Daily Gospel Reflection - Twenty-sixth Sunday in Ordinary Time
Bishop Robert Barron
September 25, 2022
Twenty-sixth Sunday in Ordinary Time
Gospel: Lk 16:19-31
Jesus said to the Pharisees: "There was a rich man who dressed in purple garments and fine linen and dined sumptuously each day. And lying at his door was a poor man named Lazarus, covered with sores, who would gladly have eaten his fill of the scraps that fell from the rich man's table. Dogs even used to come and lick his sores. When the poor man died, he was carried away by angels to the bosom of Abraham. The rich man also died and was buried, and from the netherworld, where he was in torment, he raised his eyes and saw Abraham far off and Lazarus at his side. And he cried out, 'Father Abraham, have pity on me. Send Lazarus to dip the tip of his finger in water and cool my tongue, for I am suffering torment in these flames.' Abraham replied, 'My child, remember that you received what was good during your lifetime while Lazarus likewise received what was bad; but now he is comforted here, whereas you are tormented. Moreover, between us and you a great chasm is established to prevent anyone from crossing who might wish to go from our side to yours or from your side to ours.' He said, 'Then I beg you, father, send him to my father's house, for I have five brothers, so that he may warn them, lest they too come to this place of torment.' But Abraham replied, 'They have Moses and the prophets. Let them listen to them.' He said, 'Oh no, father Abraham, but if someone from the dead goes to them, they will repent.' Then Abraham said, 'If they will not listen to Moses and the prophets, neither will they be persuaded if someone should rise from the dead.'"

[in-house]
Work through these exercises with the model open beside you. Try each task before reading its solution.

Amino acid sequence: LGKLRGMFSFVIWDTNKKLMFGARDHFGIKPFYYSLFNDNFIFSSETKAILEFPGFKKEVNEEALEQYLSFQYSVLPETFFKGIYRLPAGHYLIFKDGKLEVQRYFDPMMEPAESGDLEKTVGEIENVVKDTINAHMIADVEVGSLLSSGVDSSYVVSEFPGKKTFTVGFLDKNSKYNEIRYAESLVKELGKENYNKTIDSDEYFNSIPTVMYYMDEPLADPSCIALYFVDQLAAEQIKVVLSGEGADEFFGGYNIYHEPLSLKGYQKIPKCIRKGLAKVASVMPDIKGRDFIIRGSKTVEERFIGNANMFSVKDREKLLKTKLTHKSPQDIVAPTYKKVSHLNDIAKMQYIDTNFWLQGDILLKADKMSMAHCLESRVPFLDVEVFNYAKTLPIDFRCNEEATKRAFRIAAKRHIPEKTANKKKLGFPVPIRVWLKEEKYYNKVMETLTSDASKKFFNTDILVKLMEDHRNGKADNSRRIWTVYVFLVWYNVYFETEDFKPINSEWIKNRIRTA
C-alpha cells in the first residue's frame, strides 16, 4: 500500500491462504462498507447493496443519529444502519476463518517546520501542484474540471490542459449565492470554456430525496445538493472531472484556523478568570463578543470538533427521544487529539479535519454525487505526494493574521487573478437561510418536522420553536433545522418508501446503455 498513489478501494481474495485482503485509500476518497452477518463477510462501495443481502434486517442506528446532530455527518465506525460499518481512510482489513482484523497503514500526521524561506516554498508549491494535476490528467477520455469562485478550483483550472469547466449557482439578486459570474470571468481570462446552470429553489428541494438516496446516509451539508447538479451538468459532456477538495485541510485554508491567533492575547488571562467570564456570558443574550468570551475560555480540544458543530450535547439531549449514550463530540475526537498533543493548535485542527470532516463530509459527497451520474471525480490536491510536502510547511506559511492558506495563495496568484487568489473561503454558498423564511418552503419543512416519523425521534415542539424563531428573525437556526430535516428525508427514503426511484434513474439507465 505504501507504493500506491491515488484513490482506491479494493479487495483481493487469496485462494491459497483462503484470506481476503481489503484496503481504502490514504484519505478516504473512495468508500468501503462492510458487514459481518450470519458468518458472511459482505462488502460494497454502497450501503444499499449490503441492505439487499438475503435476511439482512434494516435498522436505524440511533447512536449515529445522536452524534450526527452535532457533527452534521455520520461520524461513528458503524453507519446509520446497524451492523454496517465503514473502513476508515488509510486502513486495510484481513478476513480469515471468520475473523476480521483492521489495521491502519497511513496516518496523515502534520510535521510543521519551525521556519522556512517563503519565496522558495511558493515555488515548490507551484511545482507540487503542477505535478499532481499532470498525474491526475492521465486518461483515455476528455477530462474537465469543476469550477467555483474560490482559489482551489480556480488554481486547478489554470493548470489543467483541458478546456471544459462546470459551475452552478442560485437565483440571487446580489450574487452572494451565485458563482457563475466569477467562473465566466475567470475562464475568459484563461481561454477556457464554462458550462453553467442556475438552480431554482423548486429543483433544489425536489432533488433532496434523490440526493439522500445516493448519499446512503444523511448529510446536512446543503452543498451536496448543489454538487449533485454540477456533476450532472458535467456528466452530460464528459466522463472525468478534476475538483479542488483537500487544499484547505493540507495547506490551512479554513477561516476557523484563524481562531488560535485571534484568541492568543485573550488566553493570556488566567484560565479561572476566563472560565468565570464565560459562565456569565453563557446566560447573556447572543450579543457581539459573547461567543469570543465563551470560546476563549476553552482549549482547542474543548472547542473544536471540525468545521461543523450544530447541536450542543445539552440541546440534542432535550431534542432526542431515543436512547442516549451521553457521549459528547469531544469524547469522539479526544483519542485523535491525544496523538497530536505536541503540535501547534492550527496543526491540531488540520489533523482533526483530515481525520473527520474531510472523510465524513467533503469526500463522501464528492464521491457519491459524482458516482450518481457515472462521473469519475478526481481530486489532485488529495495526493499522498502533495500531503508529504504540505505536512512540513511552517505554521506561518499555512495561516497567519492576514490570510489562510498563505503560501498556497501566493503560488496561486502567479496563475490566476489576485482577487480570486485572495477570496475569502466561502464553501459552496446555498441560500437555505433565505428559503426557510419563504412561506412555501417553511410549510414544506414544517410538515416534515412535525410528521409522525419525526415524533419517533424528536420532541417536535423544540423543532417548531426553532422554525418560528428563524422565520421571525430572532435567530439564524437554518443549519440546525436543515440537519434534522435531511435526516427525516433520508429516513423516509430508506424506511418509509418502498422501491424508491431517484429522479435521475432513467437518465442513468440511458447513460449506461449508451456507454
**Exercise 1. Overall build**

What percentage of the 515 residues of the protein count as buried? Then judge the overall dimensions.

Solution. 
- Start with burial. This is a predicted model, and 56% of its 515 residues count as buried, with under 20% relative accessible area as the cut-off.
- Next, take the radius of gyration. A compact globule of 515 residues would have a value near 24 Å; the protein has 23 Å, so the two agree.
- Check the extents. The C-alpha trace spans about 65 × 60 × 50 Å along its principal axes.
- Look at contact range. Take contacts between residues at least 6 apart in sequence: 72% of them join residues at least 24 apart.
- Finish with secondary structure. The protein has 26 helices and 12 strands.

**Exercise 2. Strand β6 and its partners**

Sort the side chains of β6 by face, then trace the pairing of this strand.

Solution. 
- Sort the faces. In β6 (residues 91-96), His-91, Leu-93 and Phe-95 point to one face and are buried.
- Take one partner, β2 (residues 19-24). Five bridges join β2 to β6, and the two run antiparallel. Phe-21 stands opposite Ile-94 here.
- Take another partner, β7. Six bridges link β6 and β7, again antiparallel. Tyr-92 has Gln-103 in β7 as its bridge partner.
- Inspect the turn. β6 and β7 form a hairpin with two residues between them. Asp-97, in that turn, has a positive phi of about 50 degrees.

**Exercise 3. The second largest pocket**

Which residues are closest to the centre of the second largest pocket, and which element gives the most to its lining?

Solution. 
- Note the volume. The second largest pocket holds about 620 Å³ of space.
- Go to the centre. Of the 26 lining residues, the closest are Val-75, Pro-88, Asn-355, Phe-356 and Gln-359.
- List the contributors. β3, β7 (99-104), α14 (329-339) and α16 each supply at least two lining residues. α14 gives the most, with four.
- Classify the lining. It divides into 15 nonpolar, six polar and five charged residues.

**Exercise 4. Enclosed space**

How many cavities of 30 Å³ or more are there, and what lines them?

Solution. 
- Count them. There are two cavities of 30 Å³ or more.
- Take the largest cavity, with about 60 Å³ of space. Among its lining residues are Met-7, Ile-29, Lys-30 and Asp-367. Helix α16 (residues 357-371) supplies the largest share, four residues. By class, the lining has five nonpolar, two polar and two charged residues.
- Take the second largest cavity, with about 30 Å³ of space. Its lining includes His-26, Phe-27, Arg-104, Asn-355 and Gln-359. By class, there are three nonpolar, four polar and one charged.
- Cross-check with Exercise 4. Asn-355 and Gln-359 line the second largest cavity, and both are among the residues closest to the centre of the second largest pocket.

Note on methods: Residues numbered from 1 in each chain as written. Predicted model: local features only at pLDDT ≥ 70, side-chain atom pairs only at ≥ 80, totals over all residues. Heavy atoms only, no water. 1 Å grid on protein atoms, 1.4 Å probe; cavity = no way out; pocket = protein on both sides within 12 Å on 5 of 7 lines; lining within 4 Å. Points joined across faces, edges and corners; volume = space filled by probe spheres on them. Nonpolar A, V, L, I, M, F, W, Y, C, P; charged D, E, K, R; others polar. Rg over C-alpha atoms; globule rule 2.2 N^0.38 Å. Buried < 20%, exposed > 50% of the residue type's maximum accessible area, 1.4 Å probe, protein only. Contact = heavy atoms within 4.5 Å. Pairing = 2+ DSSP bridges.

*United States Conference of Catholic
Bishop Robert Barron
Friends, today’s Gospel focuses on the parable of the rich man and Lazarus. The rich man "dressed in purple garments and fine linen and dined sumptuously each day," while lying at his door was a poor man named Lazarus, "who would gladly have eaten his fill of the scraps that fell from the rich man’s table."
God is not pleased with this kind of economic inequality, and he burns with a passion to set things right. This theme came roaring up out of the Bible and into the Christian tradition, and it echoes up and down the centuries. Even though it makes us uncomfortable—and God knows it does, especially those of us who live in the most affluent society in the world—we can’t avoid it because it’s everywhere in the Bible.
St. Thomas Aquinas says that we must distinguish between ownership and use of private property. We have a right to ownership, through our hard work, through our inheritance. Fair enough. But with regard to the use of those things—how we use them, why we use them—then, says Thomas, we must always be concerned first for the common good and not our own. This especially includes Lazarus at our gate: those who are suffering and most in need.